Environment: Cyclone Amphan tracking northeastward in Bay of Bengal as of early May 20. Landfall is likely in West Bengal State, India, late May 20.
Severity: Critical Alert
The locations affected by this alert are:
- Kolkata, West Bengal State
- Guwahati, Assam State
- Bhubaneshwar-Cuttack, Odisha State
- Visakhapatnam, Andhra Pradesh State
- Haldia, West Bengal State
- Paradip, Odisha State
- Darjeeling, West Bengal State
- Jamshedpur (Tatanagar), Jharkhand State
- Ranchi, Jharkhand State
- Rourkela, Odisha State
- Shillong, Meghalaya State
This alert began 19 May 2020 21:45 GMT and is scheduled to expire 21 May 2020 23:59 GMT.
- Incident: Super Cyclonic Storm Amphan
- Affected Area(s): Bangladesh, Bhutan, eastern India, western Myanmar (map)
- Projected Landfall (Date): Southeastern West Bengal State, India, May 20
- Center of Circulation: 225 km (140 miles) southeast of Paradip, Odisha, India
- Maximum Sustained Winds: 100 knots (185 kph, 115 mph)
Extremely Severe Cyclonic Storm Amphan - a Category-3 major hurricane equivalent - is tracking north-northeastward in the Bay of Bengal. As of 0001 BST May 20, the system's center of circulation was approximately 225 km (140 miles) southeast of Paradip, Odisha, India. The system is forecast to weaken slightly to an Extreme Severe Cyclonic Storm before its projected landfall over southeastern West Bengal State late May 20. The storm will then weaken into a cyclonic storm and then a depression as it traverses Bangladesh, May 21. Amphan is expected to dissipate over Bhutan May 22. There remains uncertainty in the track and intensity forecast, and significant changes could occur in the coming days.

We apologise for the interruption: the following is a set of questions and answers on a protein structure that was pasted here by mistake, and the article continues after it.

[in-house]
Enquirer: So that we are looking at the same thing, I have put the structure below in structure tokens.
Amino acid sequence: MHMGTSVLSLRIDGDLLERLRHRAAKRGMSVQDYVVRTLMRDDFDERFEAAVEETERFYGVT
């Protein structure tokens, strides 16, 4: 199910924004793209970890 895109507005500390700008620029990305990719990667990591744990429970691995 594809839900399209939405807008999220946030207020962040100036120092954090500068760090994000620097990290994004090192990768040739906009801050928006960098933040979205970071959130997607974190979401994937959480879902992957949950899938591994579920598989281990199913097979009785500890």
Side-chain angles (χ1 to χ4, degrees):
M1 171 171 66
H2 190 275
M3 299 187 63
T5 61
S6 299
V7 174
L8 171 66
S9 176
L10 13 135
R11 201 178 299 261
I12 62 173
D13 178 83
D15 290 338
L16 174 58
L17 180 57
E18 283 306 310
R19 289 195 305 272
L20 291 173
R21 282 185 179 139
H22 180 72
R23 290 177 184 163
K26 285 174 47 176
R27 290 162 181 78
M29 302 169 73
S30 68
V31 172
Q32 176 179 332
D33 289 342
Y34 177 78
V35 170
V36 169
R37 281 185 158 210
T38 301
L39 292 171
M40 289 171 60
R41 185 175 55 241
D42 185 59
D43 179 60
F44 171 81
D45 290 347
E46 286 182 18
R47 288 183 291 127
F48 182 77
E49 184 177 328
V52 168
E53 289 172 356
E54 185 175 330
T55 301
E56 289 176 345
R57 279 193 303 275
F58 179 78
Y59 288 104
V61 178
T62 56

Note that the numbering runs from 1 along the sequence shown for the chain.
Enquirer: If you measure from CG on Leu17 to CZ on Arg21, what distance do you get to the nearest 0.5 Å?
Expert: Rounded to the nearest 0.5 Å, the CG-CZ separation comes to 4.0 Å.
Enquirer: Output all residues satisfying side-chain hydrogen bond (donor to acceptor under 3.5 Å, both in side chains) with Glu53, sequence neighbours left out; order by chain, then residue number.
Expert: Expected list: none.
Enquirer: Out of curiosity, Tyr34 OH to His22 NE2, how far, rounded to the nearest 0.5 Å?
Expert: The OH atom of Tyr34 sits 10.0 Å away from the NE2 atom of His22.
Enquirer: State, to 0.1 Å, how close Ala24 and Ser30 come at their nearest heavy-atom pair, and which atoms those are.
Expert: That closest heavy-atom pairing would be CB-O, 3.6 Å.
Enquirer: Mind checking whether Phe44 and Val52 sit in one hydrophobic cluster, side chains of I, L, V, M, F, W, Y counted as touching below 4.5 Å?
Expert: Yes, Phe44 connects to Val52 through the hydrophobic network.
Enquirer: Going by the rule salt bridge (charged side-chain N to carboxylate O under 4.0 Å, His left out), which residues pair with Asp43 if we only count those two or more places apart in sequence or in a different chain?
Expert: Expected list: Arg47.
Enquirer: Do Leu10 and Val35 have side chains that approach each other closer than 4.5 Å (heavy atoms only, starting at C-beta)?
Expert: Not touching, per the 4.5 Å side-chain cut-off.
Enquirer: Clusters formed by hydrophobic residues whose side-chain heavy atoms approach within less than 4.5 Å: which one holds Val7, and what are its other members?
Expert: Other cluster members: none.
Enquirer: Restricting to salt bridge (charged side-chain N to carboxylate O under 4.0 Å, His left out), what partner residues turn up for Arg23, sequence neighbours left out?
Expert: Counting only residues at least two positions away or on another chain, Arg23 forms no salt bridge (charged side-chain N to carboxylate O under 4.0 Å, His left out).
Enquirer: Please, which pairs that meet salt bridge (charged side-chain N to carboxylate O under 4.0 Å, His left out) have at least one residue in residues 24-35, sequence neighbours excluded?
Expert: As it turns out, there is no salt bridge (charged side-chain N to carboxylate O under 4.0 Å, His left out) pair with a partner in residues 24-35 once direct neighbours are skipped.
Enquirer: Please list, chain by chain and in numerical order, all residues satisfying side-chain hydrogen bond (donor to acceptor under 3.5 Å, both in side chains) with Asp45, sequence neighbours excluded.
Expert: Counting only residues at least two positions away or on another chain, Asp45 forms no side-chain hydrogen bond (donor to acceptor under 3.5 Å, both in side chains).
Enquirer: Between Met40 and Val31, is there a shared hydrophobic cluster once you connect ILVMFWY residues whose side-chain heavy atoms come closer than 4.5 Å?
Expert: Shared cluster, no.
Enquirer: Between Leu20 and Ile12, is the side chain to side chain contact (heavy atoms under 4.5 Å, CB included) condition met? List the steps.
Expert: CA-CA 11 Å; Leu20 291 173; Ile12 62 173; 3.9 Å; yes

The India Meteorological Department has issued a heavy rainfall warning for coastal districts of Odisha and West Bengal, as well as areas in sub-Himalayan West Bengal and Sikkim and Assam and Meghalaya through May 21. A strong wind warning remains in place for coastal regions of Odisha and West Bengal and rough sea conditions in the Bay of Bengal. Officials also warn of potential storm surges over low-lying areas in the East Medinipur district of West Bengal close to landfall May 20.
Bangladesh Meteorological Department has raised the maritime ports of Mongla and Payra, as well as Satkhira, Khulna, Bagherhat, Jhalokathi, Pirozpur, Borguna, Patuakhail, Bhola, Barishal, Laxmipur, Chandpur to Local Danger Signal Number 7. Additionally, Chattogram, Cox's Bazar, Noakhali, and Feni have been placed under a Local Danger Signal Number 6. The agency also warns of strong winds and adverse seas conditions and advising fishers to remain close to coastal areas.
Bhutan's National Center for Hydrology and Meteorology has issued a storm advisory as of early May 20, warning of moderate-to-heavy thunderstorms and strong winds over the southern and eastern parts of the country.
Authorities could expand, upgrade, or rescind these advisories as the storm progresses. In advance of the storm, at least 2.2 million people across India and Bangladesh have been evacuated, as of early May 20. Additional evacuation orders are possible over the coming days as Amphan nears landfall.